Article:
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A glass of iced sambuca served with coffee as a chasse-café

Borrowed from French chasse-café (literally coffee-chaser).



chasse-café (plural chasse-cafés)

  1. (dated) A small serving of spirits taken to remove the taste of coffee, tobacco, etc.
    Synonyms: chasse (shortening), pousse-café
    • 1833 May, “a Yorkshireman” [pseudonym], “A Trip to Paris with Mr. Jorrocks”, in The New Sporting Magazine, volume V, number XXV, London: Baldwin & Cradock [et al.], OCLC 2264912, page 42:
      "[…] And here comes tea and coffee—may as well have some, I suppose it will be all the same price. And what's this?" eyeing a lot of liqueur glasses full of eau de vie. "Chasse café, Monsieur," said the garçon. "Chasse cafechasse cafe—what's that? Oh, I twig—what we call 'shove in the mouth' at the Free-and-Easy.—Yes, certainly, give me a glass."
    • 1838, [Hezekiah Hartley Wright], chapter XXI, in Desultory Reminiscences of a Tour through Germany, Switzerland, and France. By an American, Boston, Mass.: William D[avis] Ticknor; Philadelphia, Pa.: E[dward] L. Carey and A[braham] Hart, OCLC 1040528554, page 297:
      The business of the drama is now over, and by way of epilogue, you toss off a demi-tasse of café noir, with its accompanying petit verre de liqueur, which has been appositely termed chasse-café, from the peculiar rapidity it usually exhibits in following that aromatic beverage. [] Such are the details of a Parsian dinner; []
    • [1847, Sylvanus [pseudonym; Robert Colton], “Letter XIX”, in Rambles in Sweden and Gottland: With Etchings by the Way-side, London: Richard Bentley, [], OCLC 669227526, page 131:
      The former will have devoted himself to you for the first half-score hours, have promenaded, dined à la carte, and chasse café’d with you, seen you to your hotel with bows, promises, and ravishing language, and then—have forgotten you for ever.]
    • 1853, James Simpson, “The Louvre Gallery—First Visit”, in Paris after Waterloo: Notes Taken at the Time and hitherto Unpublished: [], Edinburgh; London: William Blackwood and Sons, OCLC 3305854, page 143:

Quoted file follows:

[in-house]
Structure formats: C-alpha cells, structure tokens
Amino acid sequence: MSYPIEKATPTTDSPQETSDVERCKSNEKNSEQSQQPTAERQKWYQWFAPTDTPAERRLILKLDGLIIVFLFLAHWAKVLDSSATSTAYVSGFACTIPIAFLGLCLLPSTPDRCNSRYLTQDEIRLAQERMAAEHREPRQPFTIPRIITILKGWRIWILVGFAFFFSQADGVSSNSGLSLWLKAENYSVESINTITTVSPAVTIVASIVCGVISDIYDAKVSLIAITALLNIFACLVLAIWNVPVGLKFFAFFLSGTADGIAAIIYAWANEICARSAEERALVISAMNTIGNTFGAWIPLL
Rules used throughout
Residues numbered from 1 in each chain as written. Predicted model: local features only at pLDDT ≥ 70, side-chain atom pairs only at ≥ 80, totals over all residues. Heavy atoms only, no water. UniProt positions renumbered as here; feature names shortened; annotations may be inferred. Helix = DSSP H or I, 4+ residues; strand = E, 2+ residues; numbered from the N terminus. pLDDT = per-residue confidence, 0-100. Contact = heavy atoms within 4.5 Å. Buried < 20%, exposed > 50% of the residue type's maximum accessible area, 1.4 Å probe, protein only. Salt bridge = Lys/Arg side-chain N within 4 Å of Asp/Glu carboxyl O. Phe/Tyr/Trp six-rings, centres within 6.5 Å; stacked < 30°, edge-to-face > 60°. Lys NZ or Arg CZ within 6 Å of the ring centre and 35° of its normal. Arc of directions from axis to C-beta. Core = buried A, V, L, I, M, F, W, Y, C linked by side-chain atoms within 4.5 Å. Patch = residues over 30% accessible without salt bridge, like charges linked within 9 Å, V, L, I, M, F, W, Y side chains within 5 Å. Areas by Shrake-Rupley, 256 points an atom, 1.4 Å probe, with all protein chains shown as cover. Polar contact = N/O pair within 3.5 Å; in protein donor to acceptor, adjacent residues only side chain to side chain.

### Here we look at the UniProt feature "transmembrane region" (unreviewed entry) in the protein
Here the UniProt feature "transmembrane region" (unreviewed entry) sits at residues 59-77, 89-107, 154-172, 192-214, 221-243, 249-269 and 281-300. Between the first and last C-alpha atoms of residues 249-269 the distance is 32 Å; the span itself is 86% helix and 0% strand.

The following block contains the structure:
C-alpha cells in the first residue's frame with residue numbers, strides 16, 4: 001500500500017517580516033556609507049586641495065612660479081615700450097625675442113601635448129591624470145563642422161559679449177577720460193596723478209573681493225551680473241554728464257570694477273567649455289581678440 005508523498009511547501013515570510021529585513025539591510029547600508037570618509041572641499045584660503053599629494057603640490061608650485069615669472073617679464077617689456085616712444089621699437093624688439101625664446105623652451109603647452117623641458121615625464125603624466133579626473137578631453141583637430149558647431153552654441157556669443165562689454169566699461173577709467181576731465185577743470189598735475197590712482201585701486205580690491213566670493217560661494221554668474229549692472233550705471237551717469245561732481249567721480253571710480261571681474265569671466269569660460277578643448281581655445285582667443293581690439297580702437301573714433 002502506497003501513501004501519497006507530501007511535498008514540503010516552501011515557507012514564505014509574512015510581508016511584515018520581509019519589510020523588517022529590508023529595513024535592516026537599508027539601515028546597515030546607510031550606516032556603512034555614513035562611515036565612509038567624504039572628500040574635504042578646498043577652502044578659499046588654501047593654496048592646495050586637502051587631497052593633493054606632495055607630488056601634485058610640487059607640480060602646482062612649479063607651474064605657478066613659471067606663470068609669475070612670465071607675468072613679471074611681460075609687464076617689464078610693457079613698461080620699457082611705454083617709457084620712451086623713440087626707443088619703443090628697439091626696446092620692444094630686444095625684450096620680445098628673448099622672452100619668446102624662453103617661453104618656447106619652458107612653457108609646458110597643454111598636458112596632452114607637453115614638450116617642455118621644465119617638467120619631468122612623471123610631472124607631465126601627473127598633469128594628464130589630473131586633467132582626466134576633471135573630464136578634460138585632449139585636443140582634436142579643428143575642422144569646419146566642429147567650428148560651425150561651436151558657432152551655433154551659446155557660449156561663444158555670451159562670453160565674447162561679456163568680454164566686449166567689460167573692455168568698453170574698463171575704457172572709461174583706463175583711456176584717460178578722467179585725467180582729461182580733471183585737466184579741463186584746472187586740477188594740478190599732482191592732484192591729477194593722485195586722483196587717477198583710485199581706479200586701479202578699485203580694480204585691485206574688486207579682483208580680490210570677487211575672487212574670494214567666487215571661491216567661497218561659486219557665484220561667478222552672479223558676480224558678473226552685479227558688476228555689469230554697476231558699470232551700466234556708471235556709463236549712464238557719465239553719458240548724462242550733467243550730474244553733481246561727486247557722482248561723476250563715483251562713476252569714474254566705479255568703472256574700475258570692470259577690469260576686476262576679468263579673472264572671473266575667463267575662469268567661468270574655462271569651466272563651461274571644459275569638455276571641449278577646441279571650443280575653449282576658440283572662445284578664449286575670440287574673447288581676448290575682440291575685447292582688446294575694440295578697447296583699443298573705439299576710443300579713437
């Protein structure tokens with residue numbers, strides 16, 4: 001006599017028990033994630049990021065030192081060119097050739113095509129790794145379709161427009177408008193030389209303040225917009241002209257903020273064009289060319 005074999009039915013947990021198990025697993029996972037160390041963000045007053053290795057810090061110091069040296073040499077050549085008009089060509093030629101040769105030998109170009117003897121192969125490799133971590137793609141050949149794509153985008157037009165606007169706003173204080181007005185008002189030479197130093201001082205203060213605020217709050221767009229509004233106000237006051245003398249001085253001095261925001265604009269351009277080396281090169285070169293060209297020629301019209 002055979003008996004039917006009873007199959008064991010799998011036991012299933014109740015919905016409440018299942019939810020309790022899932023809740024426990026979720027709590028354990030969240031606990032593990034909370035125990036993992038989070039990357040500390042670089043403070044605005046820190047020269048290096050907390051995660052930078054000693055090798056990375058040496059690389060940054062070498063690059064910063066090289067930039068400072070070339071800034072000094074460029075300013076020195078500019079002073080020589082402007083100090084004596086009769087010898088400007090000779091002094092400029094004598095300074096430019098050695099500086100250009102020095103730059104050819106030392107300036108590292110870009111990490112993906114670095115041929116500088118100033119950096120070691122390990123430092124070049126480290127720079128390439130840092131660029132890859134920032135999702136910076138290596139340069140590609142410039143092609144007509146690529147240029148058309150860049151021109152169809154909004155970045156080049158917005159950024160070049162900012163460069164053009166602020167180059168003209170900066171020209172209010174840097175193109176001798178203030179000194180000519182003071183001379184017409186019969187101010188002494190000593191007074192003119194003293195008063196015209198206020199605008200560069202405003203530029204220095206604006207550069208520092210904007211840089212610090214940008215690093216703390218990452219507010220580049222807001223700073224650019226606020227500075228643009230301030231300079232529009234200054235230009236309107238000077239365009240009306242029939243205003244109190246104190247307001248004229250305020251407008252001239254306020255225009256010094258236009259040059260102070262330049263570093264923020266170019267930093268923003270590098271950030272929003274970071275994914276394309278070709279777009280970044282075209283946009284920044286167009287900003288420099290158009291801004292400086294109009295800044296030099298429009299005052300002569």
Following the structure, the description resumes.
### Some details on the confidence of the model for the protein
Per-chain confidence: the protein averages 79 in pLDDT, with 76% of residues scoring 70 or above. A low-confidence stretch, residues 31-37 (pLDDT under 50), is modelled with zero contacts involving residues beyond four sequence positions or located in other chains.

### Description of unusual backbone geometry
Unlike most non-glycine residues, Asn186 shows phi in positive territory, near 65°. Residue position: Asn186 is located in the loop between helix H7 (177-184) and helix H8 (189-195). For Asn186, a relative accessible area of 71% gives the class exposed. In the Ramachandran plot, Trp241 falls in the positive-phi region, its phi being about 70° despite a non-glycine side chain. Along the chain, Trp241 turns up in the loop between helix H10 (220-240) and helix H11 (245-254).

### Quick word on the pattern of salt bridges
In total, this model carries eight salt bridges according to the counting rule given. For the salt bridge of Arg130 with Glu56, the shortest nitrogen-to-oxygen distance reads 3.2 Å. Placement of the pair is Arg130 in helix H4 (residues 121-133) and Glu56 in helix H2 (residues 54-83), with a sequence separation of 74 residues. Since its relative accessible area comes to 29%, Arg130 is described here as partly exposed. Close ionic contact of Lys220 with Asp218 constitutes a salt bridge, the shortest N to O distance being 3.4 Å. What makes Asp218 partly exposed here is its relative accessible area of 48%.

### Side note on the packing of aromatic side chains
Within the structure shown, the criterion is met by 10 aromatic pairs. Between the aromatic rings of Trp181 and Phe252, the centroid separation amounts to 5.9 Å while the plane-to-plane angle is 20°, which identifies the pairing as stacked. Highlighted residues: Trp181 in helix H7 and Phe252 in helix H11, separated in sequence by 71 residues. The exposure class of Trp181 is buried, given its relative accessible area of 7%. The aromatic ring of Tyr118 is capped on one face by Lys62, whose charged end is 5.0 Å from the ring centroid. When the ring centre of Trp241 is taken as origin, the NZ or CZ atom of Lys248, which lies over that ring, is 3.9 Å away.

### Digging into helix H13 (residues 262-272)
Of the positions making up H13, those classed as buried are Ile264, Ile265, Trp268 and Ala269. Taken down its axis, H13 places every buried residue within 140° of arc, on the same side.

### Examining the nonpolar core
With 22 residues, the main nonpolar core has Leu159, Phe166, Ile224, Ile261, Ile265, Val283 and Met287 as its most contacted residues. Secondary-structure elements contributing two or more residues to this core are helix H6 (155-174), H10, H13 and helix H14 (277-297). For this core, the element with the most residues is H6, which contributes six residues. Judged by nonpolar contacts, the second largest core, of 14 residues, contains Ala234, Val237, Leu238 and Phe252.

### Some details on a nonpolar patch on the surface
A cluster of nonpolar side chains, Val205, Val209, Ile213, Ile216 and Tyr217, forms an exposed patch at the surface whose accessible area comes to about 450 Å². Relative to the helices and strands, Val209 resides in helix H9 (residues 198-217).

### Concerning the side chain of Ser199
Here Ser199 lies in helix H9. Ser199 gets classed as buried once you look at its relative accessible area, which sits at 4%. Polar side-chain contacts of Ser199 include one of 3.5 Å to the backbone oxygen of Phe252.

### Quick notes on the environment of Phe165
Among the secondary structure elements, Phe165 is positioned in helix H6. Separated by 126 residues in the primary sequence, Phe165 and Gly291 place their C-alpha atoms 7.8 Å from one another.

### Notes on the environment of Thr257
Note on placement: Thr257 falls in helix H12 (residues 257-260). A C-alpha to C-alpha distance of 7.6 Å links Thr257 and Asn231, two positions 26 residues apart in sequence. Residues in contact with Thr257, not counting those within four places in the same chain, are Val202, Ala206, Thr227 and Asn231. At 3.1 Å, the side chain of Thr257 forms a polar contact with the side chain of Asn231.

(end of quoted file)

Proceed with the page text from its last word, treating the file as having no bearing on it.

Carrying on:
The dinner was in the best French manner—choice fruit, and wines of the greatest variety and richness; melon, with boiled beef as usual; coffee after dinner, without cream, and a small glass of liqueur called chasse-café, after it.
    • 1858, Anthony Trollope, “Sir Louis Leaves Greshamsbury”, in Doctor Thorne. [], volume III, London: Chapman & Hall, [], OCLC 458393990, page 118:
      Sir Louis began by ordering the woman to bring him chasse-café. She offered him coffee, as much as he would; but no chasse.
    • 1868, H[enry] C[harles] Ross Johnson, “The Conspiracy.—The Harbour of Buenos Ayres.”, in A Long Vacation in the Argentine Alps: Or Where to Settle in the River Plate States, London: Richard Bentley, [], OCLC 701858279, page 22:
      I could not understand why they gave us unlimited light claret for dinner, with Madeira and champagne, with any number of chasse cafés, all included in the passage-money, whilst any one calling for a modest glass of ale had to pay extra, and pretty handsomely, for the same.
    • 1880 January 3, Franz Liszt; William R[oyall] Tyler, transl., “1880 [chapter title]”, in The Letters of Franz Liszt to Olga von Meyendorff 1871–1886 in the Mildred Bliss Collection at Dumbarton Oaks, Washington, D.C.: Dumbarton Oaks; trustees for Harvard University, published 1979, →ISBN, page 365:
      At the concert (which was at three) I found [Anton] Rubinstein who is here visiting his wife for Christmas. We dined together (at the Grand Hôtel de Russie, Babuino). As a chasse-café I banged out for him my arrangement of the Tic-tac Tarantelle by [Alexander] Dargomizhsky.

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Literally “coffee-chaser”, from chasse (chase, drive off, 2nd person singular imperative of chasser) +‎ café (coffee).



chasse-café m (plural chasse-café or chasse-cafés)

  1. (archaic, rare) chasse-café, pousse-café (small glass of alcohol after coffee)
    Synonym: pousse-café